I recently attended an event co-hosted by a large, highly-regarded financial services brand and an equally well-respected financial media organisation. The half-day event was on the topic du jour in the City currently – responsible investment – and the agenda looked full of promise.

The high hopes I held for an interesting, insightful event were dashed within minutes of the first speaker taking the stage.

It was instantly clear that the financial services company and the various speakers they had assembled from other City firms had nothing new nor concrete to say about responsible investment. It was a barren desert of actionable insights. Despite earnest probing and encouragement from the journalist moderating the event, people in the audience around me were nodding off.

The sole insight I took away from the event was one the organisers would not have intended: for thought leadership efforts to truly resonate, credibility is king.

And in this instance, credibility was confined to an afterthought, if given any thought at all.

For financial services organisations, grounding their thought leadership campaigns in reality, not rhetoric, is arguably more important than for brands in many other sectors. City executives are a pretty sceptical bunch, after all.

That is not to say that thought leadership campaigns are a waste of time. Research from the Financial Times’s Marketing Services division highlighted that senior decision-makers will not only commit time to consuming thought leadership, but also genuinely act upon the insights shared in a thought leadership platform.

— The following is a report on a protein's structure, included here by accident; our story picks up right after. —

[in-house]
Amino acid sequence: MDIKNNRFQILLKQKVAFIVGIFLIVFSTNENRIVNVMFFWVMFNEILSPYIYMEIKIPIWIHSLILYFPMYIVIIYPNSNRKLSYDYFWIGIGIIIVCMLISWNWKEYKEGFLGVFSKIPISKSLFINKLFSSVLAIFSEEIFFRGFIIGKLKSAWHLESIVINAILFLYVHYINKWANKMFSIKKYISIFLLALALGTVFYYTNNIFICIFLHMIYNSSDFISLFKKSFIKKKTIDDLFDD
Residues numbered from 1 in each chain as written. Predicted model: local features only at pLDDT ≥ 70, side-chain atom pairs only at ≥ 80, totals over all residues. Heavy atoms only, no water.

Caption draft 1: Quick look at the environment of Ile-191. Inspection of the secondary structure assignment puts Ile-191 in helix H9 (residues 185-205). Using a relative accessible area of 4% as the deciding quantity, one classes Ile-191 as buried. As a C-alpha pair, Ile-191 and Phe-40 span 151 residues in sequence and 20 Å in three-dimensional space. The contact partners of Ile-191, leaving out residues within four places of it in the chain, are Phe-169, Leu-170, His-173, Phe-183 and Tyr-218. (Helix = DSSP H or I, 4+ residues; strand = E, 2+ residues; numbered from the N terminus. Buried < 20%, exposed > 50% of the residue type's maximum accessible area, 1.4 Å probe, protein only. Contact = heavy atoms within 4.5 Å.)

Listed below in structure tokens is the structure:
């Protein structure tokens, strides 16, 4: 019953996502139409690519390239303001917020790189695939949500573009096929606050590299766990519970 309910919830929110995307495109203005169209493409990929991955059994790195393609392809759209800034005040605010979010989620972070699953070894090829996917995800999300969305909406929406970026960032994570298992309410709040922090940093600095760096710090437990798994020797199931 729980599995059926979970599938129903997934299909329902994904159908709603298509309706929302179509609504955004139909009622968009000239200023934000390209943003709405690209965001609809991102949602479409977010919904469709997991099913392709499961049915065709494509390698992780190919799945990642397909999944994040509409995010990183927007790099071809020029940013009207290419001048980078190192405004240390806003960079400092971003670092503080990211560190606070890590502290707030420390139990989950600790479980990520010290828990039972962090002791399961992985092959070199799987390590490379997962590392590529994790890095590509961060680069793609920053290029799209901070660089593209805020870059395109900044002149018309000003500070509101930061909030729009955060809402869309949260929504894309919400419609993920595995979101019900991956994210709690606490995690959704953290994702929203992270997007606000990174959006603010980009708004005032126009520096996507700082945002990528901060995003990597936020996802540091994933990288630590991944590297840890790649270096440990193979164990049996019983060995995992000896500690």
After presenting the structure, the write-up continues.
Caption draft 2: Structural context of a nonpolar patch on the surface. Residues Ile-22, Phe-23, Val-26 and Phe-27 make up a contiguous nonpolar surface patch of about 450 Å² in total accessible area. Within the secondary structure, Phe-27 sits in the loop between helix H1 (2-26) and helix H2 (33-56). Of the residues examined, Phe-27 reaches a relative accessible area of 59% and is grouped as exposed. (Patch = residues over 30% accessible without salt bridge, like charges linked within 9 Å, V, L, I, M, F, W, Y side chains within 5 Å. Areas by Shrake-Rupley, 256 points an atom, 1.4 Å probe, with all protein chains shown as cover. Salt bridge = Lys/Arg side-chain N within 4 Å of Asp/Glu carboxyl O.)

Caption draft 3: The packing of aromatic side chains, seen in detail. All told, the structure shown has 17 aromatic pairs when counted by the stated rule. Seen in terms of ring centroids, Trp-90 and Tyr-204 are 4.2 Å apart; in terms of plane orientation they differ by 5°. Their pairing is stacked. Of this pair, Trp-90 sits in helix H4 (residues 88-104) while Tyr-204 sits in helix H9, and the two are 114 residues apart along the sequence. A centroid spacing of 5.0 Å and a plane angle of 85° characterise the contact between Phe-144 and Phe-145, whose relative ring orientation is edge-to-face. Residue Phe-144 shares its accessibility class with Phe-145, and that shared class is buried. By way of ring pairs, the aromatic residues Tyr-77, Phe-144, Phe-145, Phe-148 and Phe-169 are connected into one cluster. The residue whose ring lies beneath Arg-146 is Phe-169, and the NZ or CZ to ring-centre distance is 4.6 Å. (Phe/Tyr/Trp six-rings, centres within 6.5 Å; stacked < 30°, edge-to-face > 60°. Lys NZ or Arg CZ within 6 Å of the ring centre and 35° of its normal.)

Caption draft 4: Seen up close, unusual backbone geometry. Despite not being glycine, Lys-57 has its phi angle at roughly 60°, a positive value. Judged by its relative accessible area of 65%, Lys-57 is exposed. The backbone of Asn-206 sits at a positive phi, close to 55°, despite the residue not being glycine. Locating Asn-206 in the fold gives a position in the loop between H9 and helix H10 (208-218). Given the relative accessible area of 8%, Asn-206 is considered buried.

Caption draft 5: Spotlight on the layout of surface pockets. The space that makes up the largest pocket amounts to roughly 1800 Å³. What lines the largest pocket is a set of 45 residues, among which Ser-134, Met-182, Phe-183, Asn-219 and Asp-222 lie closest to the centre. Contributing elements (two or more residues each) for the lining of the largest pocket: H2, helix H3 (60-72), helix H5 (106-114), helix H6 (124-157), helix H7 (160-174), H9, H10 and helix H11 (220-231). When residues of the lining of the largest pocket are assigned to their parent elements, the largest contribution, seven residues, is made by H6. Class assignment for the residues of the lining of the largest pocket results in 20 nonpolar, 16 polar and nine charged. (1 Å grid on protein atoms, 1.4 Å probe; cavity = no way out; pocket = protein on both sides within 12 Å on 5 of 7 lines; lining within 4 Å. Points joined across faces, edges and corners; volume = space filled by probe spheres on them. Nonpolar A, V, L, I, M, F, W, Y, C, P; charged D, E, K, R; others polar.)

But, when considering spending a hefty amount of money – as high-quality thought leadership platforms demand – it is of fundamental importance that financial organisations choose topics that truly speak to the existing strengths of the firm, not its long-term, lofty ambitions. It is even more essential that they do not choose topics on which they would be found to be severely lacking if anyone turned the microscope on them.

It is worth going back to the ultimate objective of a thought leadership campaign. While many brands use them to generate awareness – the top of the sales funnel – the underlying aim is always to achieve a concrete action on the audiences’ part. This may come in many different forms, whether it is attracting potential employees, landing a new business contract or client, or securing capital from investors, but it is a key ingredient in generating a return on investment.

If your company is encouraging action from stakeholders, it is only fair that the company itself has already acted or is taking tangible steps to act too. Ambition is laudable, but it must be paired with action.

There are a handful of financial services organisations who understand this paradigm, but there are many who do not.

In the research I mentioned earlier, 70% of senior executives said thought leadership improved the way they perceived the brand’s credibility. If organisations want to retain that sentiment, the credibility must be real.

As I discovered at the responsible investment event, financial services firms must beware the bandwagon topic at their peril.

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